If you aren’t on a wheat-free diet, the last couple of weeks might have given you reason to start one. Commodity trading advisor (CTA) fund managers will certainly be feeling a little queasy.

Chicago wheat reached a two-year high of $8.41 on August 6. The price has fallen 21% to $6.64 since then, but is still up 60% since early June.

The decline was due to traders taking profits off the table as rains fell in Russia, which gave hope that the current drought there would be alleviated. The drought’s effect on wheat production led the government at the start of the month to temporarily ban wheat exports and trim production forecasts by almost 40%, although there are now rumours that Russia may now honour some of its export contracts.

 

Corn, soybean futures and pork bellies have also been moving in tandem, although wheat witnessed the most exaggerated movements. (The corn price is now being squeezed upwards due to hot weather in the US and a cut in sales from China’s stock inventories.)

 

 

CTA strategies were adversely affected by these trend reversals in grains, including wheat and oats. Since wheat is fed to pigs, pork bellies rallied as well, which also hurt CTA fund performance.

 

 

“Wheat could be a good short opportunity, but it’s too early to call,” says Olivier Prock, chief executive and chief investment officer at Swiss alternative fund manager Salus Alpha, which runs a CTA product. “To profit from a retracement, we are looking to put a calendar spread on – which means we short nearby and go long deferred. Wheat has already retraced by $1.20 per bushel which is a good sign that the reaction could be overdone.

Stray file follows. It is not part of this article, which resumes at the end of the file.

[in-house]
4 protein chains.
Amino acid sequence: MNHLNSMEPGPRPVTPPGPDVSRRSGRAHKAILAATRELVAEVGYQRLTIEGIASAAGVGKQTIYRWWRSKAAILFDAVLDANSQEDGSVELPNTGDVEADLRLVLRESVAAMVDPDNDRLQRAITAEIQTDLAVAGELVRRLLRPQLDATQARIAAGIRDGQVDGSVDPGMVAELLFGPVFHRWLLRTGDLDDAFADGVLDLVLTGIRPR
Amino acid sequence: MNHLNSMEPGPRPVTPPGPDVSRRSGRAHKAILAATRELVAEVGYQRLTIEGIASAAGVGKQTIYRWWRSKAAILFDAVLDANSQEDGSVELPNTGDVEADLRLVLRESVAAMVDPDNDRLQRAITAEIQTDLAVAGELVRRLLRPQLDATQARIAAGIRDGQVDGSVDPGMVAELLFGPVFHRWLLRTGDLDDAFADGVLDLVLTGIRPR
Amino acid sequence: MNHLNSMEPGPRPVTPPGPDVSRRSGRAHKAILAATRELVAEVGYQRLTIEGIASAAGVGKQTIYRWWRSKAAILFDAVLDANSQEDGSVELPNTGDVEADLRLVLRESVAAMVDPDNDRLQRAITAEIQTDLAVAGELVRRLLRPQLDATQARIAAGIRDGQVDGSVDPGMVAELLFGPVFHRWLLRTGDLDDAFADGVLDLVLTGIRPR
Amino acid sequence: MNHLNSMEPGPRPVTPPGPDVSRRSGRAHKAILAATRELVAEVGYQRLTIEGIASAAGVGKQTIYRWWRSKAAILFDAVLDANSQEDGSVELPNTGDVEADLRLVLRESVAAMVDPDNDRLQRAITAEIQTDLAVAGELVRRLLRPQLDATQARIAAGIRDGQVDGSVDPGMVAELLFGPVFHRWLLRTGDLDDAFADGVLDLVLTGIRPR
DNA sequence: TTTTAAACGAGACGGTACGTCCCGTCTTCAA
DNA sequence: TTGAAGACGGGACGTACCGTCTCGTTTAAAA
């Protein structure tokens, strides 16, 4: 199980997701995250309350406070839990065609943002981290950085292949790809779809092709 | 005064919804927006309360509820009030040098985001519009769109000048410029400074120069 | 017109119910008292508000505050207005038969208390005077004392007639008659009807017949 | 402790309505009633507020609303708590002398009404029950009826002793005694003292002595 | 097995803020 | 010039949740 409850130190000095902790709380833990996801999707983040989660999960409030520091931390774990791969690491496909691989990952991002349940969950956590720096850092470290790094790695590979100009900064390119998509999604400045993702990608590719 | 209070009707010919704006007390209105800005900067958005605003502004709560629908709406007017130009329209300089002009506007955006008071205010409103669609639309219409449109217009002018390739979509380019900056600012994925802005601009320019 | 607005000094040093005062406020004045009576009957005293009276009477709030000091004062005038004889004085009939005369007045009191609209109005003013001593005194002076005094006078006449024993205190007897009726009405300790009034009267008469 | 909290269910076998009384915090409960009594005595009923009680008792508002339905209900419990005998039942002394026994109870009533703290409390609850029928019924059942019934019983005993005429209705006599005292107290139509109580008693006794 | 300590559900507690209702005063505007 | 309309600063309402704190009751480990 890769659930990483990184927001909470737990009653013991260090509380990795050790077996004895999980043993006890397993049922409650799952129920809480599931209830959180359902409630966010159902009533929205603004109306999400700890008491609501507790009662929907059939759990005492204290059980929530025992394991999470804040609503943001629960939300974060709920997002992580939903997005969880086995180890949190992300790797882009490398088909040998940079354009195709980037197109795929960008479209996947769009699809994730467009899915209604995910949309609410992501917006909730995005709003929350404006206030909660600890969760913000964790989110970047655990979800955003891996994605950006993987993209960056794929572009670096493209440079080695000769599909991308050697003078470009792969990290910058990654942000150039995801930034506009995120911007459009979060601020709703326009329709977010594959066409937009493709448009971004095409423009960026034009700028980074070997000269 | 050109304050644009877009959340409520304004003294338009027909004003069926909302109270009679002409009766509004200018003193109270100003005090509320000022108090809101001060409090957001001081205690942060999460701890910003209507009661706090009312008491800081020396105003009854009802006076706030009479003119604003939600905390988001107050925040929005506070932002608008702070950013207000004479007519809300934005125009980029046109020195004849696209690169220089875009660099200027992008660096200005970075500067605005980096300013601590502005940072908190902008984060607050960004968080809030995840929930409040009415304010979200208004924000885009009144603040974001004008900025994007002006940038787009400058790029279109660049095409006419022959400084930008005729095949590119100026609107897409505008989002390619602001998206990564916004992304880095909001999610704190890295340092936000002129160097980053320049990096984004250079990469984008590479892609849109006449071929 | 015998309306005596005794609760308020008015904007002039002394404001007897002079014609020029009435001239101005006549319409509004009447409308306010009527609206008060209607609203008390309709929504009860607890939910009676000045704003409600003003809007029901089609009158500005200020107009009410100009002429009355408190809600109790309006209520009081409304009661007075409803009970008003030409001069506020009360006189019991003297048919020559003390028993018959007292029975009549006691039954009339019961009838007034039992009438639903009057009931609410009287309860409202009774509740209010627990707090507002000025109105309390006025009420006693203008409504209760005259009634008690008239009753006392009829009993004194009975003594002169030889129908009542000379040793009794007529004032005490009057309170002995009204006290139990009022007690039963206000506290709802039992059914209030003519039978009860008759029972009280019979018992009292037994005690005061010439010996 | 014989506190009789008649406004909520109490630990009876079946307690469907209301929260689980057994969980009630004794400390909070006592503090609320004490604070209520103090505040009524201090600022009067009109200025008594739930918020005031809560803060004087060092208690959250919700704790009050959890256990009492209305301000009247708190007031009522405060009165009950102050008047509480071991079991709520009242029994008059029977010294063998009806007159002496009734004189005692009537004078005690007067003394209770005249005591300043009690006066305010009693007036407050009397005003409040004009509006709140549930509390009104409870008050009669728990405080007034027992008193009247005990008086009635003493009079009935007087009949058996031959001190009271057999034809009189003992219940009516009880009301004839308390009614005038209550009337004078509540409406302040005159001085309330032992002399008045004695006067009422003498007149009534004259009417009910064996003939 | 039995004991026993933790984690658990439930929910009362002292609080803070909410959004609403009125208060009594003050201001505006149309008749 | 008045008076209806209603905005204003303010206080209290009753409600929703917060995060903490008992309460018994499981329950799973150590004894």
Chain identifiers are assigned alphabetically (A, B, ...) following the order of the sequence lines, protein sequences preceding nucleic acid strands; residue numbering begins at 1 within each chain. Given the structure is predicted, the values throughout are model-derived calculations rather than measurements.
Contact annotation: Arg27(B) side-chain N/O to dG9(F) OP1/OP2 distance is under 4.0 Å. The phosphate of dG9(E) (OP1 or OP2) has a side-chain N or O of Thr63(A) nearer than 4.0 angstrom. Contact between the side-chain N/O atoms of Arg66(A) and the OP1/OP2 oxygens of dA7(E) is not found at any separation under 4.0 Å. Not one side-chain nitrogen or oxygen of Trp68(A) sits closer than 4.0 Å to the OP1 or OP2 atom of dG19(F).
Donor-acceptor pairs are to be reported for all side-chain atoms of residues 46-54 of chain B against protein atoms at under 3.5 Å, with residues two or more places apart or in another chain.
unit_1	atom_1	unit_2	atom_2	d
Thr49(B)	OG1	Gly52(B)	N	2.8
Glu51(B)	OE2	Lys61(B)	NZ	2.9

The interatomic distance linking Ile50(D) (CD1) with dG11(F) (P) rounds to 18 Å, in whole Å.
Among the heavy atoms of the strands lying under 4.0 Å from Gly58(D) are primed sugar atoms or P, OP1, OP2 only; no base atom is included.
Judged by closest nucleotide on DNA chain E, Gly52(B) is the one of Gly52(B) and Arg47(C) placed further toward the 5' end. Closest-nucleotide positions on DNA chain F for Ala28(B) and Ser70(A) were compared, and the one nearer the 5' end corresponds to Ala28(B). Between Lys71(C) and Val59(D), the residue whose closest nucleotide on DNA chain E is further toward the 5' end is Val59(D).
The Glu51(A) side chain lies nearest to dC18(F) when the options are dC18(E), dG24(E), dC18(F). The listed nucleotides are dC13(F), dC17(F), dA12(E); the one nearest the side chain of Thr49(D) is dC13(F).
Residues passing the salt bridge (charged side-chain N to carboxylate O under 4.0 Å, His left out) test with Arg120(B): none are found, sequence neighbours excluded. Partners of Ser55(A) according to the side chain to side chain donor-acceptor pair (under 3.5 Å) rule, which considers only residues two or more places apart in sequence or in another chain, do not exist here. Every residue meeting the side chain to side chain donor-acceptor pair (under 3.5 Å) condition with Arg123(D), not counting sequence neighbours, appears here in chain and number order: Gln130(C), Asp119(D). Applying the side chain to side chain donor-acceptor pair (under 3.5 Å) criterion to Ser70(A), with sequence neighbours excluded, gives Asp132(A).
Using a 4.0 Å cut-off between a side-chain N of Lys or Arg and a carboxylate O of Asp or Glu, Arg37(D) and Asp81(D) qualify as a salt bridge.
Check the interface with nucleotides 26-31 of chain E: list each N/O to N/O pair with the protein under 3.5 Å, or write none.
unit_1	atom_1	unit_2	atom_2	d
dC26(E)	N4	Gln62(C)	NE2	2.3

"However, the market is trying is still to identify the right level mode and is looking for more fundamental data," adds Prock. "The August Siberian harvest could be a surprise and a relief for the wheat situation. If the harvest is a disappointment, the situation might be around for a year or so, affecting other industries such as beer brewers.”

 

 

Separately, cocoa reached its highest price in 12 years after a London-based hedge fund, Armajaro, bought 7% of the world’s total annual supply. That fund is a coffee and cocoa specialist run by Anthony ‘Chocolate Finger’ Ward. Armajaro executed a similar trade in 2002, when it bought 5% of global cocoa production.

 

The latest purchase was 240,100 tons for a price of $1 billion, and, unusually, saw the fund take physical delivery. The cocoa now lies in refrigerated warehouses in Europe, where it can sit for the next 20 years, if need be.